We record the paths of moving targets in one of two ways . The simplest is to record the position of the target directly on the face of the screen with a wax pencil. This would be impos ible to do with a large airport radar because such radars detect large numbers of migrating birds and it would be extremely difficult to follow any single track . We, however, usually have less than three or four targets on the screen at a time. After plot­ ting a number of tracks, we transfer the data to tracing paper, and remove the wax from the screen so that new tracks can be followed. If we want to record data from the radar over a long period of time, we use a modified super 8 mm movie camera which, with a timer, automatically takes one frame of film for each revolution of the radar. These time lapse films can then be projected at normal speed to review an entire night s migra­ tion in a few minutes . A single frame from one of these films is shown in figure 2.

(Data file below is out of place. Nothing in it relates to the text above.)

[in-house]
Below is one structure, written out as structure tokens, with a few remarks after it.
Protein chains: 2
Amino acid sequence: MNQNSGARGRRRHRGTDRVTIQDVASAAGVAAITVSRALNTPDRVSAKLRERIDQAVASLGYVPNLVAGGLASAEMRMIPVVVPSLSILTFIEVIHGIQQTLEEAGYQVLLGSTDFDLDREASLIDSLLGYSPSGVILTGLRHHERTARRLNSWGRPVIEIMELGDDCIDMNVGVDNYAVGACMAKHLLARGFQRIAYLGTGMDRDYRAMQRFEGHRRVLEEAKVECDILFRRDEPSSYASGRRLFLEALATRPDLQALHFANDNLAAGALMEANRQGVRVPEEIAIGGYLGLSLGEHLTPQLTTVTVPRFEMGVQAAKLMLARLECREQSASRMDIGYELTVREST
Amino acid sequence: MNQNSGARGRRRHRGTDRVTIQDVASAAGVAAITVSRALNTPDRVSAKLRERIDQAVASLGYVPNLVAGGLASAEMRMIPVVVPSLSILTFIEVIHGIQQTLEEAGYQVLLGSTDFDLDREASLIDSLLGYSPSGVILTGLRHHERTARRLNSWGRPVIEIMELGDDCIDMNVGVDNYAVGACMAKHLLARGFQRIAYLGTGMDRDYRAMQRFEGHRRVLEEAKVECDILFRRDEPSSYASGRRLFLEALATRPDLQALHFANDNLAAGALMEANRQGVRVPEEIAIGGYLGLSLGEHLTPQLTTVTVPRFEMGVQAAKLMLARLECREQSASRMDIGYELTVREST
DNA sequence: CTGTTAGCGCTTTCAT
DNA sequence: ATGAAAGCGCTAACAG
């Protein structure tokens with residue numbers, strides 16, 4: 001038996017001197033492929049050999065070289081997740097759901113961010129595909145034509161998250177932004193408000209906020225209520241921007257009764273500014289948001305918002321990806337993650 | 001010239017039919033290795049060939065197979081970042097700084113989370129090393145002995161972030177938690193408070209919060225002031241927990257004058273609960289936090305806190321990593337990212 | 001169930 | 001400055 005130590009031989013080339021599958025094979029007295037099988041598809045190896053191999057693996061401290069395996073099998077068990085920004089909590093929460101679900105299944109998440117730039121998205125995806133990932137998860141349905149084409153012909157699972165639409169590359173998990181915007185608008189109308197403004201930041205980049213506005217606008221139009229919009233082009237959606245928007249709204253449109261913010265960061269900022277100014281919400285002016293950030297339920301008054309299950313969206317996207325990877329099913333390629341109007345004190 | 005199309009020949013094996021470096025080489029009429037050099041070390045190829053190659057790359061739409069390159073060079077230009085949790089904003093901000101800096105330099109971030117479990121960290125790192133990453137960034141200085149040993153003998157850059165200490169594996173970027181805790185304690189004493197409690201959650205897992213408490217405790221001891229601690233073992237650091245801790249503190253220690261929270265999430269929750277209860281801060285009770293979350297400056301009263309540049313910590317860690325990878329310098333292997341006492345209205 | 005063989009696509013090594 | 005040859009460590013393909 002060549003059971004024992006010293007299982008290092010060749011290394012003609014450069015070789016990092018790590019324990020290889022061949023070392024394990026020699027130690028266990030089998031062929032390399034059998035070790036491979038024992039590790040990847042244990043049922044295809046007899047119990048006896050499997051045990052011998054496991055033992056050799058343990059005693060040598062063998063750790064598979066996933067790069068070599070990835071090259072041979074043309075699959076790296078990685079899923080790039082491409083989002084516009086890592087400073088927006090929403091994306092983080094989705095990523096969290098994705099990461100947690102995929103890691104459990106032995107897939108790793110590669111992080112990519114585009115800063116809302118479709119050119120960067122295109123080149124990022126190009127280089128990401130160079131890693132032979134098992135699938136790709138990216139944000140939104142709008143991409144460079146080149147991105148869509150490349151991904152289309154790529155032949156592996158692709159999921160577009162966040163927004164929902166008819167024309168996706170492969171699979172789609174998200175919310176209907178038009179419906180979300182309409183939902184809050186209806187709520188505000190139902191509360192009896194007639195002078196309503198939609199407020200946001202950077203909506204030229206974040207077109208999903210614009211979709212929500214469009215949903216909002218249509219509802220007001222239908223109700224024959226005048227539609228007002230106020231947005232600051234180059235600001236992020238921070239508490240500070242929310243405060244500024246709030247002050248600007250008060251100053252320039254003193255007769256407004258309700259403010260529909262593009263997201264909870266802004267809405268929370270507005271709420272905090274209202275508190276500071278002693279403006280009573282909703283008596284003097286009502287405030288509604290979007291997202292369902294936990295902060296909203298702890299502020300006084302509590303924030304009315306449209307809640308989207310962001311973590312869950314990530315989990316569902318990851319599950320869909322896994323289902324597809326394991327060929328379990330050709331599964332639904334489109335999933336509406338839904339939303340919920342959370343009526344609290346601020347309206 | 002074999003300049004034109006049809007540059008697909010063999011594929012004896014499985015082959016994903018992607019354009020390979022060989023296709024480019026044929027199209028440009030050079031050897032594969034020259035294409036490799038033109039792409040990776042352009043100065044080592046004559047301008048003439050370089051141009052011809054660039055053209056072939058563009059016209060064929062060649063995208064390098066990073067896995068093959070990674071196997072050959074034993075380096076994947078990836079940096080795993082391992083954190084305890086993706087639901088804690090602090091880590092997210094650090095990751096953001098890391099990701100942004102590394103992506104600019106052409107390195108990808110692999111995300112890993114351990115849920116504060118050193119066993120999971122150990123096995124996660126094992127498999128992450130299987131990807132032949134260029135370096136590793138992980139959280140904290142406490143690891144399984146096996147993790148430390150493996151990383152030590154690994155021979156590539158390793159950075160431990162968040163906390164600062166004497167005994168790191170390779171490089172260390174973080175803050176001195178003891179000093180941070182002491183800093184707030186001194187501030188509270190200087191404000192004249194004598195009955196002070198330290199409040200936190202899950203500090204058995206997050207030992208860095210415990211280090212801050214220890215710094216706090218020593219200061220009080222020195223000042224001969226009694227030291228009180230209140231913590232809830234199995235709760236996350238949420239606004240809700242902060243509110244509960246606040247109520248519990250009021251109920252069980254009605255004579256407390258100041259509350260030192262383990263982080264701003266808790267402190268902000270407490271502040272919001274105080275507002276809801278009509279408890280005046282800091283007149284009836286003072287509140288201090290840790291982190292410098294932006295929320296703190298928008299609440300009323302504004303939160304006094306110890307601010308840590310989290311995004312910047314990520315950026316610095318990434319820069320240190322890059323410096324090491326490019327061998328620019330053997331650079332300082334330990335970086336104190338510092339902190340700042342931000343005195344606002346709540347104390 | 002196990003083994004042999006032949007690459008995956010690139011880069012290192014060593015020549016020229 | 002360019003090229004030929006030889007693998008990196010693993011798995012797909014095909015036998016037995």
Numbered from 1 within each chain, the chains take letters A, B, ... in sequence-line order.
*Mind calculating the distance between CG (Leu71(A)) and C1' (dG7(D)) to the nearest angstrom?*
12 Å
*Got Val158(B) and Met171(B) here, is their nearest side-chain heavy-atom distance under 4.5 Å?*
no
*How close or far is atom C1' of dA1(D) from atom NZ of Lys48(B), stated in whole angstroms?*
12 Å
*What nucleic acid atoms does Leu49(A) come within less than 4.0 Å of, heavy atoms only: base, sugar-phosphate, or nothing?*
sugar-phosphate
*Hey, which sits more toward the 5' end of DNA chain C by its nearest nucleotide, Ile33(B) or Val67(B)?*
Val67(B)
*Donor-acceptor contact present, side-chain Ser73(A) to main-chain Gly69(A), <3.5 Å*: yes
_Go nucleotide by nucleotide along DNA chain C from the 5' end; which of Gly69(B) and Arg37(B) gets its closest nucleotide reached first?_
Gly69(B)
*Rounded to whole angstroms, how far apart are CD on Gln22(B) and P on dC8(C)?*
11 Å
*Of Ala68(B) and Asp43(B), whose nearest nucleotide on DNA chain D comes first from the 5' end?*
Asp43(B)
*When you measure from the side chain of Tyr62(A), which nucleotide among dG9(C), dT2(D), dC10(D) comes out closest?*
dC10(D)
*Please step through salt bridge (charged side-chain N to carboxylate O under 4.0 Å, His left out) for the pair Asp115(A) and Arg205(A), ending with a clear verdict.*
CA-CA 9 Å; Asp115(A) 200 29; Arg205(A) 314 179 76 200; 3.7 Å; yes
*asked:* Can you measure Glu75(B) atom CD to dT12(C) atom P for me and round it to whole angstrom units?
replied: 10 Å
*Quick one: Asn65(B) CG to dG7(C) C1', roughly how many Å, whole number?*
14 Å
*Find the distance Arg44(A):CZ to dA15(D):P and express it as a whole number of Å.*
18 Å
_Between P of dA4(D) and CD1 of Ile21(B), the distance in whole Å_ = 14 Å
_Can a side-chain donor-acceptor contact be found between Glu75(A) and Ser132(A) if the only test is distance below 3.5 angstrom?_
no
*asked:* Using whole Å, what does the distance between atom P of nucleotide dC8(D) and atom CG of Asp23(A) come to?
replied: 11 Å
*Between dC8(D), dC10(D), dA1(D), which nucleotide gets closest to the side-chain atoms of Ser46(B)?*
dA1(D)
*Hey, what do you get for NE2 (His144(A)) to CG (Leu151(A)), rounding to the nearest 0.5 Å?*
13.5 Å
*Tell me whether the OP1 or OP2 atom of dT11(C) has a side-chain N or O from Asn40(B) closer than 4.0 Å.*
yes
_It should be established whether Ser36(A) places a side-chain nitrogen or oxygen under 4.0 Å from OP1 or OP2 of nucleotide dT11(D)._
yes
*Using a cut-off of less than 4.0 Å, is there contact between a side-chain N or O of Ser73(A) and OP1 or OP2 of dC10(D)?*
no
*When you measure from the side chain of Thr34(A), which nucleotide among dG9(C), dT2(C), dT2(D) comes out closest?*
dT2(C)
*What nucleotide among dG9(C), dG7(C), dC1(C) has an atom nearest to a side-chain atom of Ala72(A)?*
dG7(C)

Figure 2: A single frame from the time lapse 8 mm film of the radar display. Birds show as elongated targets followed by a series of dots of decreasing intensity showing the bird's previous position.
During the fall of 1971 observations were made at two sites: in Chincoteague, Virginia, and on the campus of the State University of New York at Buffalo. In Virginia we were also observing migration with the NASA long range tracking radars at Wallops Island. In Buffalo simultan­ eous observations were made at the Buffalo International Airport radar (an ASR-6).
The ornithological radar observes bird migra­ tion at altitudes between ground level and about 5000 feet (depending on antenna elevation). This
American Birds, June 1972
should be a useful range since it cover the range between the limits of human vision and the lower limits of most large radars. Our preliminary ob- ervations indicate that bird migration at these